Brazilian police announced on 17 March that, after a two-year probe, they had discovered evidence that a number of beef and poultry plants allegedly bribed inspectors to overlook improper practices. This facilitated the export of meat unfit for human consumption. 21 Brazilian establishments are concerned. Most of them produce for the domestic market and only 4 of them are approved for meat export to the EU.
My Department is closely monitoring this case through our Embassy in Brasilia who are in direct contact with the Brazilian authorities, and through the European Commission.
As soon as the story broke on Saint Patricks Day, the European Commission asked for clarification from the Brazilian authorities. It is the Commission which approves the Third Countries for export of meat into the EU on behalf of MS.
On 19 March the Brazilian authorities (MAPA) confirmed that they had been informed of the Federal Police Operation on 17 March. Based on information received, they suspended certification from the 4 establishments under investigation that were approved for export to the EU.
On 20 March the Commission requested full information on all exports to the EU from the 4 establishments since 1 January 2017, and asked the Brazilian authorities to recall any consignments in transit. The Commission also suggested the suspension of certification from all other establishments approved for export to the EU, pending the outcome of a full investigation.
On 21 March I wrote to Commissioner Andriukaitis, supporting the suggestion to suspend certification from all other establishments approved for export to the EU.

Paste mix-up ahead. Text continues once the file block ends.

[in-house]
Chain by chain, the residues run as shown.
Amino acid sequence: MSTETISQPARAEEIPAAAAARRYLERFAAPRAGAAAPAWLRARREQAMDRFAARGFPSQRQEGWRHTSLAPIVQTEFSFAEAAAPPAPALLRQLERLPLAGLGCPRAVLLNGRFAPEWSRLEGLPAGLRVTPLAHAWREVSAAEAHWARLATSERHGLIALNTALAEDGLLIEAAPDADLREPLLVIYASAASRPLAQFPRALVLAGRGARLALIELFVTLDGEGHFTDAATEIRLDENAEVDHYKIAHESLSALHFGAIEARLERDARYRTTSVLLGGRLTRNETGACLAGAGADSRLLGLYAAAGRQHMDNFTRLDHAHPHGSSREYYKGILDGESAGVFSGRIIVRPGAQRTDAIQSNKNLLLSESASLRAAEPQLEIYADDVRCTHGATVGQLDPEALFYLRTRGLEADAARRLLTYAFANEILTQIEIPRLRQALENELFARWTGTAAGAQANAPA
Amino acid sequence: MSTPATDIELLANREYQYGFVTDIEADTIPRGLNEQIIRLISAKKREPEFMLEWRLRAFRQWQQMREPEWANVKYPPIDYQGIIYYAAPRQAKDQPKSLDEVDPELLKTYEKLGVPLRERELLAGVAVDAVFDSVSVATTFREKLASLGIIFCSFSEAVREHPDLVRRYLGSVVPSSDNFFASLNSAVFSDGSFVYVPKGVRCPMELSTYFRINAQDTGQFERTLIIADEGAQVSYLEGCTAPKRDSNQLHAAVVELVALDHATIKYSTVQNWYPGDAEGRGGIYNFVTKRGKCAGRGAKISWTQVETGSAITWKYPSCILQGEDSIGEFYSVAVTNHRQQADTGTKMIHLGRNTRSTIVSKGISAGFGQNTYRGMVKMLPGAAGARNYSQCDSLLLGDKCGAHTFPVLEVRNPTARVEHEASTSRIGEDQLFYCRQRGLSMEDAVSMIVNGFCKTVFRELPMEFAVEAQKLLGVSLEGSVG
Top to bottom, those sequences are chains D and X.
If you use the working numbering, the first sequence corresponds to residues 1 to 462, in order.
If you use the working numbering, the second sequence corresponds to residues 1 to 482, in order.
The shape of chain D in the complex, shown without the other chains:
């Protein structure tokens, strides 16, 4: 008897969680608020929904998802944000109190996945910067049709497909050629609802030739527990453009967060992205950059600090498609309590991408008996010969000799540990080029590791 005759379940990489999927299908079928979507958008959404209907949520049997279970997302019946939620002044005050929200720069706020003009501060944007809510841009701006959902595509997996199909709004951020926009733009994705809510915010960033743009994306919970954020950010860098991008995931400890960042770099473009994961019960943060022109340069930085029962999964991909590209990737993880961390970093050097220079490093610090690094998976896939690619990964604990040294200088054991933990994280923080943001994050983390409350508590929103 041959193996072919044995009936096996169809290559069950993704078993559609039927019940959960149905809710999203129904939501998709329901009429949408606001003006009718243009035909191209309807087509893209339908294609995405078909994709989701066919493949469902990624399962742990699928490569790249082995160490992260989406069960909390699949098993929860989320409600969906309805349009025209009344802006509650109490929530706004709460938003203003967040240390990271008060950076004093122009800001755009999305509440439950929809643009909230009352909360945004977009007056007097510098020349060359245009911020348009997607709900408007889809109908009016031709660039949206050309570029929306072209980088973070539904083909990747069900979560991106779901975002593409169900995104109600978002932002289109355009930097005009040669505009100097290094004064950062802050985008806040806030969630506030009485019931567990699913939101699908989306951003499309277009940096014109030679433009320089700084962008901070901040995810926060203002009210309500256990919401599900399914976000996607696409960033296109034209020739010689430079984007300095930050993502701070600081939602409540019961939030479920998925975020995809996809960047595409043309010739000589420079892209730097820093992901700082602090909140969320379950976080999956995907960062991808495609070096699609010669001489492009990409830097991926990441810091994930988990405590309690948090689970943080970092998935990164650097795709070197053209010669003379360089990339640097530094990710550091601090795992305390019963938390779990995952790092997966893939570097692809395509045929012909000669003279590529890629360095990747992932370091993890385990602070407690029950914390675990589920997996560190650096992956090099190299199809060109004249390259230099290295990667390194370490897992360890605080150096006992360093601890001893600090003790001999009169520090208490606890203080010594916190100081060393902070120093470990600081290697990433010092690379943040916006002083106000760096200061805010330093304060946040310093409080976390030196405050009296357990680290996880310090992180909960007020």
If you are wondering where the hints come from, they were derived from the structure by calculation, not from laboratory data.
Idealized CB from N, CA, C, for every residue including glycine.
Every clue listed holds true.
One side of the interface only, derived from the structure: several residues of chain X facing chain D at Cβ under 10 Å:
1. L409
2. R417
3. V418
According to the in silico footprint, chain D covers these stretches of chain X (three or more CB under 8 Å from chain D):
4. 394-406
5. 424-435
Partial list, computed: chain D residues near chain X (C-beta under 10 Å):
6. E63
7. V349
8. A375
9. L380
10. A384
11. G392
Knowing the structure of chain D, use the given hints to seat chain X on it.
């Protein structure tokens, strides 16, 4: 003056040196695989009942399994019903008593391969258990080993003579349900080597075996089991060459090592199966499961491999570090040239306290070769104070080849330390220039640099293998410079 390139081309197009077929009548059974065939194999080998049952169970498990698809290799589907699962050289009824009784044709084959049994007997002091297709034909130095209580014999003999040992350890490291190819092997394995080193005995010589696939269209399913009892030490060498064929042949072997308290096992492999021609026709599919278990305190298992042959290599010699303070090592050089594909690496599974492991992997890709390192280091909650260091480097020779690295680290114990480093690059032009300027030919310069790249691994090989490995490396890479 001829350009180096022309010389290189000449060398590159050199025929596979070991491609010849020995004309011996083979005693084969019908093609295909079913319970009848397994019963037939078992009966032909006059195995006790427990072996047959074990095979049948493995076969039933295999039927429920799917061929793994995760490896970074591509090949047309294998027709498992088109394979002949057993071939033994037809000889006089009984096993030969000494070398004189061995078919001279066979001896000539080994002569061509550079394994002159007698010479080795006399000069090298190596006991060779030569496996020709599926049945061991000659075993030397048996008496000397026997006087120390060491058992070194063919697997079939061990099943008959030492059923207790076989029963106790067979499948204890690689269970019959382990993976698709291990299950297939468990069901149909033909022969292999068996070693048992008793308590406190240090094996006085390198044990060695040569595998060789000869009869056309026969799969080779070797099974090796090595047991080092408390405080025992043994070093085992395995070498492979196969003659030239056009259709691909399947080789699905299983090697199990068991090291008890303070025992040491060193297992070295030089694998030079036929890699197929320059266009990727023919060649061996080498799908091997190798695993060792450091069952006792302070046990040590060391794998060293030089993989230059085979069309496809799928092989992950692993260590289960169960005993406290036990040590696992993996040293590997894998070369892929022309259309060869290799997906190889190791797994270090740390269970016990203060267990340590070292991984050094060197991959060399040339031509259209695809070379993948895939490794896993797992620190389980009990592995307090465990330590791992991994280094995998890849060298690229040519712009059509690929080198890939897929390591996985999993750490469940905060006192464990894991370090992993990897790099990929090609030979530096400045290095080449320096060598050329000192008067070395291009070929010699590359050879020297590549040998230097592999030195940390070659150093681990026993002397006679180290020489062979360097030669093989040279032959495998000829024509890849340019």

Food safety is a shared responsibility between national and EU authorities. Food business operators in the EU also carry out their own quality and safety checks in line with their responsibilities to ensure that their products are safe.
My Department is in charge of carrying out controls on imports (at Border Inspection Posts – BIPs). The EU imposes strict hygiene and safety controls on food imports, and in particular on animal products for which documentary, identity and physical checks are compulsory for meat products imports. These are implemented here in Ireland by veterinary staff from my Department at the Border Inspection Posts.
The checks on all Brazilian product are now being intensified in light of current developments. Following on from a meeting of the Chief Veterinary Officers of the EU on 24 March it was unanimously decided at the Standing Committee on Plants, Animals, Food and Feed that there would now be 100% physical checks on all Brazilian shipments presented for import to the EU as well as 20% microbiological checks on said consignments.
On the subject of removing beef from the EU-Mercosur FTA talks, I have been very active in highlighting the potentially damaging impact of a Mercosur deal on the European agriculture sector, and on the beef sector in particular. Following intense lobbying from Ireland and other EU Member states, the Commission decided to exclude a TRQ for beef when it exchanged offers with Mercosur on 11 May 2016.
I will continue to raise the issue with Commissioners Malmström and Hogan, both within and outside the Council of Agriculture Ministers. I will also continue to monitor the situation closely in co-operation with my Member State colleagues, as well as with my Government colleagues.